I was perusing my local paper’s “Church Page” the other day and noticed that many of the churches had many weekly events and activities listed, some more so than others. It seemed to be the “social calendar” of the local churches. That’s all well and good. It is certainly great to see lots of social activity and community building going on within our churches. I am thrilled to be the pastor of a church where people do enjoy spending time with each other apart from our Sunday morning Divine Service and Bible Class.
As I read through the list, however, I kept thinking to myself, “Something is missing.” You could certainly tell that some churches are known for their long lists of weekly events, but in many cases only a small percentage of them had anything to do with preaching and Sacrament. I was surprised to see that even the Roman Catholic churches lacked any listing of hours for private Confession. I also noticed that with the exception of the Catholic Church, not one church offered the Lord’s Supper weekly (even other local LC-MS churches). It struck me that in many ways the Church has become more of a community center than a “house of prayer.”
My wife thought I was being too cynical about it, and she was probably right. So, minus the cynicism, here are a few things I would love to be able to add to our church’s listing of weekly/monthly events:
Immanuel Lutheran Church
Holy Communion celebrated every Sunday and on other Festivals of the Church Year
Weekday Morning and Evening Prayer Offices
Private Confession/Absolution available Saturday afternoons and Sunday mornings before Bible Class or anytime by appointment.
I’m sure I could think of a few more things, but you get the picture (hopefully). It would be great to see our churches, in addition to providing several social events and gatherings every week or month, actually being “busy” with preaching, praying, and receiving God’s gifts in Word and Sacrament. Wouldn’t it be great to see the events-listing for our church and see many opportunities throughout each week for corporate prayer and worship? I think that we pastors need to stop worrying so much about whether or not “mass numbers” will be at an Epiphany Day Communion Service or an Ascension Day service, or a Saints’ Day commemoration, and just start adding such things to the church’s calendar. Isn’t this the kind of activity we pastors oughtto be about anyway?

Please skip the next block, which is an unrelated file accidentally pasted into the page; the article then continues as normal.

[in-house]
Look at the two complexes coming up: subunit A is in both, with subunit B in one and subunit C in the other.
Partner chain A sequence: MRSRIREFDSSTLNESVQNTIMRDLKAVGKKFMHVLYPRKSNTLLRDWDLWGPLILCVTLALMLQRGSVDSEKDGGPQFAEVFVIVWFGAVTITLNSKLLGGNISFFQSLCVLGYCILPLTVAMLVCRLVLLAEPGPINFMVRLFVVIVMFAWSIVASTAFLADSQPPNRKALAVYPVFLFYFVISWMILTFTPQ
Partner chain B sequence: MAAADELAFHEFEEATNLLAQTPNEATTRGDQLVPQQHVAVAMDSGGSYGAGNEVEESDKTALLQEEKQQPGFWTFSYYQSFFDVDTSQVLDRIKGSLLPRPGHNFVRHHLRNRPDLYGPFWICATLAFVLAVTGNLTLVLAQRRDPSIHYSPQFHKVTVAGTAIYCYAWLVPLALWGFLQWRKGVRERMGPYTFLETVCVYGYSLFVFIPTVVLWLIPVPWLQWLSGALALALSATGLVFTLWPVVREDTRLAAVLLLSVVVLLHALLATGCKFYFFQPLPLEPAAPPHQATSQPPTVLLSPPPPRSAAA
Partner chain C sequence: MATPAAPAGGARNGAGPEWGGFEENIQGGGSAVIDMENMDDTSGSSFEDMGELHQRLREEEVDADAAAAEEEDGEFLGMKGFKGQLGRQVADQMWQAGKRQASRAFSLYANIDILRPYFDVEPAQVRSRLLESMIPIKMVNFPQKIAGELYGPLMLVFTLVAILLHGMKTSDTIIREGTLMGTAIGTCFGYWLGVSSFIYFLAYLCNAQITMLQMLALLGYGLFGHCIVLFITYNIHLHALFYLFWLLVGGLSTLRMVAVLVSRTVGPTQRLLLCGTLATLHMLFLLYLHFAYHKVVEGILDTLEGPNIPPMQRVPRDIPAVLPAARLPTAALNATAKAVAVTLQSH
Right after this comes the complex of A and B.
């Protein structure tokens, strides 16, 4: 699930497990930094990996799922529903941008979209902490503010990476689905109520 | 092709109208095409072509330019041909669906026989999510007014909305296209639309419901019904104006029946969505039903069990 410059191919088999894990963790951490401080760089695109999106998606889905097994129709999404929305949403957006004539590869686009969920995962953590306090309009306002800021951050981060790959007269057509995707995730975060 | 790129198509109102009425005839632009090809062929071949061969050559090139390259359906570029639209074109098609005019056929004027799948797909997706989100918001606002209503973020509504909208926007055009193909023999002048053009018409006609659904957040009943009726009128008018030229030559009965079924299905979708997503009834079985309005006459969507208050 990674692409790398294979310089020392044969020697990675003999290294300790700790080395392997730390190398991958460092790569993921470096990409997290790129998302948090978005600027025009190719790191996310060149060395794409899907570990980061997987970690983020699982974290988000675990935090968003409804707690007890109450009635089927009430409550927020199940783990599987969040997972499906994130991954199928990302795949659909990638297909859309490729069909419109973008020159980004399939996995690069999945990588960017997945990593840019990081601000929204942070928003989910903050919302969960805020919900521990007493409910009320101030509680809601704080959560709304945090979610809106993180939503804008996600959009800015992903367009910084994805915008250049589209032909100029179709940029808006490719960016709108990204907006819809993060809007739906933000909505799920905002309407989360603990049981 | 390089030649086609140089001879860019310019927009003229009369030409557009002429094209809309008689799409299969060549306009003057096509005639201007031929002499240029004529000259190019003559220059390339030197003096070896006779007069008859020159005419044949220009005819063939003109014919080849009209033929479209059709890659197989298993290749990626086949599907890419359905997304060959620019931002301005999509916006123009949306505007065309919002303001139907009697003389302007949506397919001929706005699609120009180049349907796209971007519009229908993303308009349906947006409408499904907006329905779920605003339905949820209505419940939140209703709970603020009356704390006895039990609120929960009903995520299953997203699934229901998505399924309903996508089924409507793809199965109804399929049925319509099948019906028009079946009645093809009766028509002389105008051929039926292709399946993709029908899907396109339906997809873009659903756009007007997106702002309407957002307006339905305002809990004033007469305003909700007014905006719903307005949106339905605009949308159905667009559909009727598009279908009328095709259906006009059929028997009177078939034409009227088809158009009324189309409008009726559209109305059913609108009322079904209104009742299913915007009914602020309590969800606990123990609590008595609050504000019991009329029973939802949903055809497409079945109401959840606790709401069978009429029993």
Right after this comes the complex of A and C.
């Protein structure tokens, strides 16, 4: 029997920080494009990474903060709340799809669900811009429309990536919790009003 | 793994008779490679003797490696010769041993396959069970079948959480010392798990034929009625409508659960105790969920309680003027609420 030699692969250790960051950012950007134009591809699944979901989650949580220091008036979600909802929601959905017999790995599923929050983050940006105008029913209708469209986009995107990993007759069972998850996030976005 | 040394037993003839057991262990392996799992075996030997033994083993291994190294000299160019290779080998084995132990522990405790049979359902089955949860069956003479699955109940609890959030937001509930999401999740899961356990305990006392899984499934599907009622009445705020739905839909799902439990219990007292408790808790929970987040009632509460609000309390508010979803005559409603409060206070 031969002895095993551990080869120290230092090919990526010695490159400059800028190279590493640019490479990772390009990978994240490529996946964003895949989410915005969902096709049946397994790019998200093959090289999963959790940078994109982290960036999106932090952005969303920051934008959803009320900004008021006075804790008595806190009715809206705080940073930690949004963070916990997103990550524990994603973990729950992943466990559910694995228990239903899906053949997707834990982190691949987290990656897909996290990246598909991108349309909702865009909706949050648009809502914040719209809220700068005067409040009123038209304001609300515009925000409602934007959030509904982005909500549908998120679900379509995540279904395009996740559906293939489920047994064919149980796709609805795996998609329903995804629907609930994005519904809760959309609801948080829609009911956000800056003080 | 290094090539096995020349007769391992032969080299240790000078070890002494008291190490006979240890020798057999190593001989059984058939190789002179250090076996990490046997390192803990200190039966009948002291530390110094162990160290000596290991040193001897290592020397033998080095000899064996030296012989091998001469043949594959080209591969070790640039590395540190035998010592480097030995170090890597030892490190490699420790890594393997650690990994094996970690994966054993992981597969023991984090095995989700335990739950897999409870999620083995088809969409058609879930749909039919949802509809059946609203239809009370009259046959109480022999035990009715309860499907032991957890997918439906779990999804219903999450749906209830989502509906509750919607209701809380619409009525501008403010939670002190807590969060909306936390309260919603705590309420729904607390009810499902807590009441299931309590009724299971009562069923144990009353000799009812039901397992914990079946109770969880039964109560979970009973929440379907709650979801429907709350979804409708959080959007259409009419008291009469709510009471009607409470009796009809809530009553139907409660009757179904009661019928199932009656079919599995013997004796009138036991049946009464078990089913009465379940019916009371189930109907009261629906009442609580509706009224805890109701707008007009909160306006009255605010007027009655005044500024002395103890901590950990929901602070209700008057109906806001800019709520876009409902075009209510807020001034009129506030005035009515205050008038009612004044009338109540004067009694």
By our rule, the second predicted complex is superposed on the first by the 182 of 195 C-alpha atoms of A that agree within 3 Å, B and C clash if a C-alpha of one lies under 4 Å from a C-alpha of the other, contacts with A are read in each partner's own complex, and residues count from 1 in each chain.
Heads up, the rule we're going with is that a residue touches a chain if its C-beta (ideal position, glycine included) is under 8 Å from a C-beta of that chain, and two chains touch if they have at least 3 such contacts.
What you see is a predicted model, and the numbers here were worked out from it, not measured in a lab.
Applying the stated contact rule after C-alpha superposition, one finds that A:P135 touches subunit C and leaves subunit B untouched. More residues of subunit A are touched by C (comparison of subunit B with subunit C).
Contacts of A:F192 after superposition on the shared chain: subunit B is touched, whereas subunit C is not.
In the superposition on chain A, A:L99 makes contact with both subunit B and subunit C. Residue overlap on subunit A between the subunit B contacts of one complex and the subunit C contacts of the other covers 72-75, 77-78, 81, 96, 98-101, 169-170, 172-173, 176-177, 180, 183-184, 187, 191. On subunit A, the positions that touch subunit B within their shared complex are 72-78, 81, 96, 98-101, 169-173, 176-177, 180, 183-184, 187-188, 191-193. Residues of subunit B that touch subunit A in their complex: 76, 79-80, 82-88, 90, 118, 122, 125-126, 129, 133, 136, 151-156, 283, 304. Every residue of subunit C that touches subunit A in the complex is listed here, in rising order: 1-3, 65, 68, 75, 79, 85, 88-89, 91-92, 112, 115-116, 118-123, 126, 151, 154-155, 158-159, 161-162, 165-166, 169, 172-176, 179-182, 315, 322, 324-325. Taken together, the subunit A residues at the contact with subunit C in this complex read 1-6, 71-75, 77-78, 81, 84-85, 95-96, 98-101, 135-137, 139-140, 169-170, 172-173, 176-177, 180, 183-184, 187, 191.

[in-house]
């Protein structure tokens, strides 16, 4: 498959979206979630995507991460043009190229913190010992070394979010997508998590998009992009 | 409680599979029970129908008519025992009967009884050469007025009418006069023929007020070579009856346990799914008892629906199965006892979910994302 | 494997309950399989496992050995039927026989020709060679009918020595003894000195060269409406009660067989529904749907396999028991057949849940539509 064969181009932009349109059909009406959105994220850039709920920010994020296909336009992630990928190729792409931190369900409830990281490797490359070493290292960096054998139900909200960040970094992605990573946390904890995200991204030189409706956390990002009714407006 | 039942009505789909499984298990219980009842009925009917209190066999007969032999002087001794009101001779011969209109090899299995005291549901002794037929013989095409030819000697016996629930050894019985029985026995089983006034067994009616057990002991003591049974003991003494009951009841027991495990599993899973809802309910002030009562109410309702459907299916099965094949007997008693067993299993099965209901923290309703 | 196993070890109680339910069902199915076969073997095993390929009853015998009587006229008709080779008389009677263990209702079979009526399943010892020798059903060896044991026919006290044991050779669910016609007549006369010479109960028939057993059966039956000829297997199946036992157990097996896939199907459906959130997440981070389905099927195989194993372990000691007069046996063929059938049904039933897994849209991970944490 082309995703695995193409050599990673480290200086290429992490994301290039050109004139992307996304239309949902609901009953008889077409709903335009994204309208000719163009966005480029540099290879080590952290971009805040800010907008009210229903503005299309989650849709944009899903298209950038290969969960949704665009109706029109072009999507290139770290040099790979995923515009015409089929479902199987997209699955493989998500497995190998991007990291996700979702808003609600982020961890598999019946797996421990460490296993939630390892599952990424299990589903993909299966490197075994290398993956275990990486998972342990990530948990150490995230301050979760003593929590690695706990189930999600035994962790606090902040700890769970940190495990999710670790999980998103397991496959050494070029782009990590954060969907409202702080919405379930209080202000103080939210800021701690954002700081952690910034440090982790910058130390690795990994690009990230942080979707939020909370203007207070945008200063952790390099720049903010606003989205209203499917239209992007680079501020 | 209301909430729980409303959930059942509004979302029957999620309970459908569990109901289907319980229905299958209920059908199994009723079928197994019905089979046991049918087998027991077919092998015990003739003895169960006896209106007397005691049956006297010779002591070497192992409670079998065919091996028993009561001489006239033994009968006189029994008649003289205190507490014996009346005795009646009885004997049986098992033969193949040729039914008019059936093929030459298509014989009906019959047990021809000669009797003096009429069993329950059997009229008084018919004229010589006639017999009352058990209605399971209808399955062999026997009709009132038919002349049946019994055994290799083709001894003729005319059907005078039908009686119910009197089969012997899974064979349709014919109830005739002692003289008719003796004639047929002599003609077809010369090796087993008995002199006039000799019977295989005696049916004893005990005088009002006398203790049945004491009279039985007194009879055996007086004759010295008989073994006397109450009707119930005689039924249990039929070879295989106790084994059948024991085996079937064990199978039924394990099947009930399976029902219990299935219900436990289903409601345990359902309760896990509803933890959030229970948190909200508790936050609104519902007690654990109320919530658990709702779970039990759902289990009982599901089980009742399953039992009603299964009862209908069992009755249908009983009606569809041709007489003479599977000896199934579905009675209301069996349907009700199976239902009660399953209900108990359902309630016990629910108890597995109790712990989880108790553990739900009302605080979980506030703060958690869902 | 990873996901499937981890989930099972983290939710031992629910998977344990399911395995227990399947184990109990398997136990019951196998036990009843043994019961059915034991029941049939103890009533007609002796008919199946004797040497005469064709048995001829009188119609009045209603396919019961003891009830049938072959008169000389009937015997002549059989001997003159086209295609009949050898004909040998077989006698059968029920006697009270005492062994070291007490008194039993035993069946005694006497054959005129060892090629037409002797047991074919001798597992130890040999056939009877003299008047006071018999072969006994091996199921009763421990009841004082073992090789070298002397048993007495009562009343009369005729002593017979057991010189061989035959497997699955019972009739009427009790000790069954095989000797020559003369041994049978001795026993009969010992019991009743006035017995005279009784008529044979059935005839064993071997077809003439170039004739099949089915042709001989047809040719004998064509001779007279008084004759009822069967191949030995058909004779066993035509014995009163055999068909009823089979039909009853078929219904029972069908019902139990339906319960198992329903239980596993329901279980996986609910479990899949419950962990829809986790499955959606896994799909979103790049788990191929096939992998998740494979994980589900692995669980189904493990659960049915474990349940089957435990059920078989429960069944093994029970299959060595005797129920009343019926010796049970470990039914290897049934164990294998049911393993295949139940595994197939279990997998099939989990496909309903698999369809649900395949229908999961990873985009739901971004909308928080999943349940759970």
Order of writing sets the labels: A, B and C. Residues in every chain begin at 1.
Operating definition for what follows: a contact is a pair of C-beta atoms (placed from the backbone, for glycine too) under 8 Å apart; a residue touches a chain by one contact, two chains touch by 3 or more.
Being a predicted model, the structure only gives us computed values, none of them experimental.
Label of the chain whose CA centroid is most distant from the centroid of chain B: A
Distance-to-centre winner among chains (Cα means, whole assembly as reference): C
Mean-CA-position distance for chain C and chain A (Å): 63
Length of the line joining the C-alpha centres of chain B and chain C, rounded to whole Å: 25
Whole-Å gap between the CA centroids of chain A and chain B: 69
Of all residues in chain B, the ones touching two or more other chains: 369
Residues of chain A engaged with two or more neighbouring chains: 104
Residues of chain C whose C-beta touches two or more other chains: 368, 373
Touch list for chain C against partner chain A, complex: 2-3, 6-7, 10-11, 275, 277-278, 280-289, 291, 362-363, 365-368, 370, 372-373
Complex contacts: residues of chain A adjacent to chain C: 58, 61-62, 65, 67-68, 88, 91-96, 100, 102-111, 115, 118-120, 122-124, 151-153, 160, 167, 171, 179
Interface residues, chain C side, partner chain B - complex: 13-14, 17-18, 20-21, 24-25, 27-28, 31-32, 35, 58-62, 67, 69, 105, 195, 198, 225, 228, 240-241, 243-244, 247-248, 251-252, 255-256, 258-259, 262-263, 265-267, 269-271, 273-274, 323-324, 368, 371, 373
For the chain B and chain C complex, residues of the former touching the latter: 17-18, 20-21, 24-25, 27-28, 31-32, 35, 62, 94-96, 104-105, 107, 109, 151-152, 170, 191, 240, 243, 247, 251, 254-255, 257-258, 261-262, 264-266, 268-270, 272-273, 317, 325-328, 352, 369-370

I can think of three (off the top of my head) fine examples of this kind of “churchly” scheduling. Pastor Shane Cota and Pastor Larry Beane, both classmates of mine at the seminary, are “busy” offering opportunities for hearing the Word and receiving the Sacrament, not only on Sundays, but throughout the week. Pastor Petersen in Fort Wayne, IN does this as well. I know there are many more that could be mentioned, but I can’t think of any right now. One thing you will find if you ever read through Church Orders of the Reformation churches, and those that followed is that there was no lack of corporate prayer and Divine Service throughout the week. In many places, in addition to offering the Lord’s Supper every Lord’s Day and on Festivals, Matins and Vespers were prayed by the priests and students daily.
The point is: the Church’s social life should flow from its sacramental and liturgical life, and back to it. Otherwise, we might as well change the names of our churches from ________ Lutheran Church to _____________ Community Center.
Rev. Paul L. Beisel